If the past two months are any indication, 2012 is going to be a great year for 'rockumentaries'. Just when I thought I'd seen the best one so far, a new music documentary comes out and takes that honour. The cover of this DVD claims that it is "the definitive documentary of the world's greatest rock band". Well, it is.
To commemorate and document the 40th anniversary of Queen, this film was presented in 2 parts on BBC2 to rave reviews and high ratings. The film was produced by Rhys Thomas and Simon Lupton, and directed by Matt Casey. Both Thomas and Lupton are fans of the band, as well as having experience working with the band over the years, and it shows. The intimacy captured here is brilliant, as Roger Taylor, John Deacon, Freddie Mercury (in older clips) and especially Brian May tell the story of the band like no one else could.
From the early days as university students in London during that late 1960's, to forming the band Smile (which became Queen when Freddie joined) to their "Top of the Pops" appearance in 1974, to releasing their massive albums "Sheer Heart Attack" and "A Night at the Opera", Queen's rise to rock and roll supremacy is all documented here, in firsthand experiences. It wasn't long before Queen became the biggest band in the world. One concert alone had 150,000 people attend (Hyde Park in London).
There are numerous funny parts in this film; it's hilarious to hear Freddie talk about meeting The Sex Pistols in an Essex recording studio and how he got the upper hand against Sid Vicious, or when former band manager John Reid talks about the time a worried Freddie came out to John, who in return told Freddie that he was also gay. Freddie's comments on his disdain for the British press are hilarious to watch. Throughout the film there are remarks, comments and recollections from others that help shine a different light on the Queen phenomenon.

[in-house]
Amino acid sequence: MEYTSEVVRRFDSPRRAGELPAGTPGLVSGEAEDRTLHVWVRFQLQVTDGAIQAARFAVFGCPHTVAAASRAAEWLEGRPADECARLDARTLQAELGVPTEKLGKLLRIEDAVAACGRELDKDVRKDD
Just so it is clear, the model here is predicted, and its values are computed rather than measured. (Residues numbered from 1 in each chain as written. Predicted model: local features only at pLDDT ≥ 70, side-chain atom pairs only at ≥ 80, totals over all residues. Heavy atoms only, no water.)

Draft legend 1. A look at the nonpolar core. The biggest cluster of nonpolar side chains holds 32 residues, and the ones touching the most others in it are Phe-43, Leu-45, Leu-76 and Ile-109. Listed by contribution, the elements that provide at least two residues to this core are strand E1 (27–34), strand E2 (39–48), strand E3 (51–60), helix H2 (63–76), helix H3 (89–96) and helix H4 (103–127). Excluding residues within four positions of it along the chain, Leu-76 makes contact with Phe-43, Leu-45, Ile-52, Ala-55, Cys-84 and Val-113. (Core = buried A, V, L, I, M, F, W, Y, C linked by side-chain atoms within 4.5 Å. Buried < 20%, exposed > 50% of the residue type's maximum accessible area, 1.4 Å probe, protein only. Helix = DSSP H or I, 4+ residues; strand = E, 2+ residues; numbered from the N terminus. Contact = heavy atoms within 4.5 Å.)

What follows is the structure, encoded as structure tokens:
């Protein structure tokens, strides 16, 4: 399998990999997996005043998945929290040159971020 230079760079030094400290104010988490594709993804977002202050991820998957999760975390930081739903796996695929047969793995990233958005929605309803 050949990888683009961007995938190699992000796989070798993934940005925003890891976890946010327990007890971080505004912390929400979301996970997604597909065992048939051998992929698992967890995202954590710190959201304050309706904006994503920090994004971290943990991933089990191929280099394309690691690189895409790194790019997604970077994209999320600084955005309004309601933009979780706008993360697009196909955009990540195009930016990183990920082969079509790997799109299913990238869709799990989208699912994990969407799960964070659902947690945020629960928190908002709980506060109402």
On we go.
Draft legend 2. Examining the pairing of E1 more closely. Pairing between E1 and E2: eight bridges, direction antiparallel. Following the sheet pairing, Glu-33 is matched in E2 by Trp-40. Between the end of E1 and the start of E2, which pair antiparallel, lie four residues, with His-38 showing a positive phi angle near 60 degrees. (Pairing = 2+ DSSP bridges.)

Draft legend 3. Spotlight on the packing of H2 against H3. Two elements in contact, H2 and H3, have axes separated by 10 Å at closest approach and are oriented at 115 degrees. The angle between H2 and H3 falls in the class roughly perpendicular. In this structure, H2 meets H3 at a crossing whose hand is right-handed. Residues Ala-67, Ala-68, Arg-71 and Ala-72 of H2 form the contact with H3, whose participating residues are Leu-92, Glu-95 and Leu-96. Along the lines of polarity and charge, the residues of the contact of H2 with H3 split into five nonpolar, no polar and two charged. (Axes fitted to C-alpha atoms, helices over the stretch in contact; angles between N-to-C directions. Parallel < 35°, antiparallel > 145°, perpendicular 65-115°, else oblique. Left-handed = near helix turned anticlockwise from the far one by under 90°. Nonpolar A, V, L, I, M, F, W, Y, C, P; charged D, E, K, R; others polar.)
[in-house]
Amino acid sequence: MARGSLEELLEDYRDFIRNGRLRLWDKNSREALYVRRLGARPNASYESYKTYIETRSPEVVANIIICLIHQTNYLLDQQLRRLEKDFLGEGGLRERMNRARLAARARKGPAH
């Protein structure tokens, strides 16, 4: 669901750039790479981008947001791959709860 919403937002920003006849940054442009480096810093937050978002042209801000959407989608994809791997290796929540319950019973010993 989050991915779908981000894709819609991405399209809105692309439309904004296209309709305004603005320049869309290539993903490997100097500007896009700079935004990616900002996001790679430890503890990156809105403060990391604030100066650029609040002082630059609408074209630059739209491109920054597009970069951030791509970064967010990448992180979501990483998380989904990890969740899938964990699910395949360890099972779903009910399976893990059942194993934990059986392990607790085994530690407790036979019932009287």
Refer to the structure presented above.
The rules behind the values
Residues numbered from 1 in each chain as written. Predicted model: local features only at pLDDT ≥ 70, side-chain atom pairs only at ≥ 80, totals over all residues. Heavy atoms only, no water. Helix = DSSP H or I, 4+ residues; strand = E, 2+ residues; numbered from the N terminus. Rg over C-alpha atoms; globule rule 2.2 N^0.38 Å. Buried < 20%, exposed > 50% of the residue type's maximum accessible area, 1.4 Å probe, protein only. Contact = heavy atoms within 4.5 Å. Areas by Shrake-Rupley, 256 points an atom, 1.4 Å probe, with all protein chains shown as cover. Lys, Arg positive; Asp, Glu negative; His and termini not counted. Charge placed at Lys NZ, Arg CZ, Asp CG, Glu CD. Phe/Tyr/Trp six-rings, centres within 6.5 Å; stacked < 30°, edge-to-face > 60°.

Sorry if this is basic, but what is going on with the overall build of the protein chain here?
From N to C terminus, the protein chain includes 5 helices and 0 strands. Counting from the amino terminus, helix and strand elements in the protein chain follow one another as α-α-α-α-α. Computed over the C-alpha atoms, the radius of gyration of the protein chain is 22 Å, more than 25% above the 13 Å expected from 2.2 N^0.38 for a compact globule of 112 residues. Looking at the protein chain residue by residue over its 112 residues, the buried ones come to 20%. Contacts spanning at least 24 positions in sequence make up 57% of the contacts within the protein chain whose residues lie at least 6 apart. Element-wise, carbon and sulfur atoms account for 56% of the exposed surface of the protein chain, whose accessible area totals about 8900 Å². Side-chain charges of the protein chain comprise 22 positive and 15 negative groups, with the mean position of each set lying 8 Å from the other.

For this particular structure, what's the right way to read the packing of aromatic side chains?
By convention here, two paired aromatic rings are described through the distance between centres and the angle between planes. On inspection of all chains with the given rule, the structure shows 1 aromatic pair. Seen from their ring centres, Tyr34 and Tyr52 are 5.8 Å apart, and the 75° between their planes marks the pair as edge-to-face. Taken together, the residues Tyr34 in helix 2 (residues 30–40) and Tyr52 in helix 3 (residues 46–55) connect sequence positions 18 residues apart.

I don't want to give too much away about this film but one scene in particular with Brian May talking about his dad is the most touching thing I've seen in a long time. Moving on, the band stole the show at Live Aid on July 13th of 1985, at which time Brain May said that he knew Freddie wasn't feeling his best, and the downward spiral of Freddie's health continued, to what was his eventual last live show (at Knebworth Park in London on August 9th of 1986) none of which was evident at the time to the fans because of Freddie's incredible stage presence.
As the next 5 years went on, Freddie's deteriorating health was no longer a secret easily kept. As you watch this DVD you can see how important the music was to him in later years; the message in the songs "The Show Must Go On" and "These Are the Days of our Lives" (which was Freddie's last video) underscored the fact that the sicker he got, the more he pushed to record right up to his last days-what would eventually become his swan songs.
I could go on for pages and pages about this film, let's just say that there's no better place to hear about Queen than from Brian May, Roger Taylor, John Deacon and Freddie Mercury. It's their story to tell and this DVD is their story book. It is brilliant, absolutely brilliant.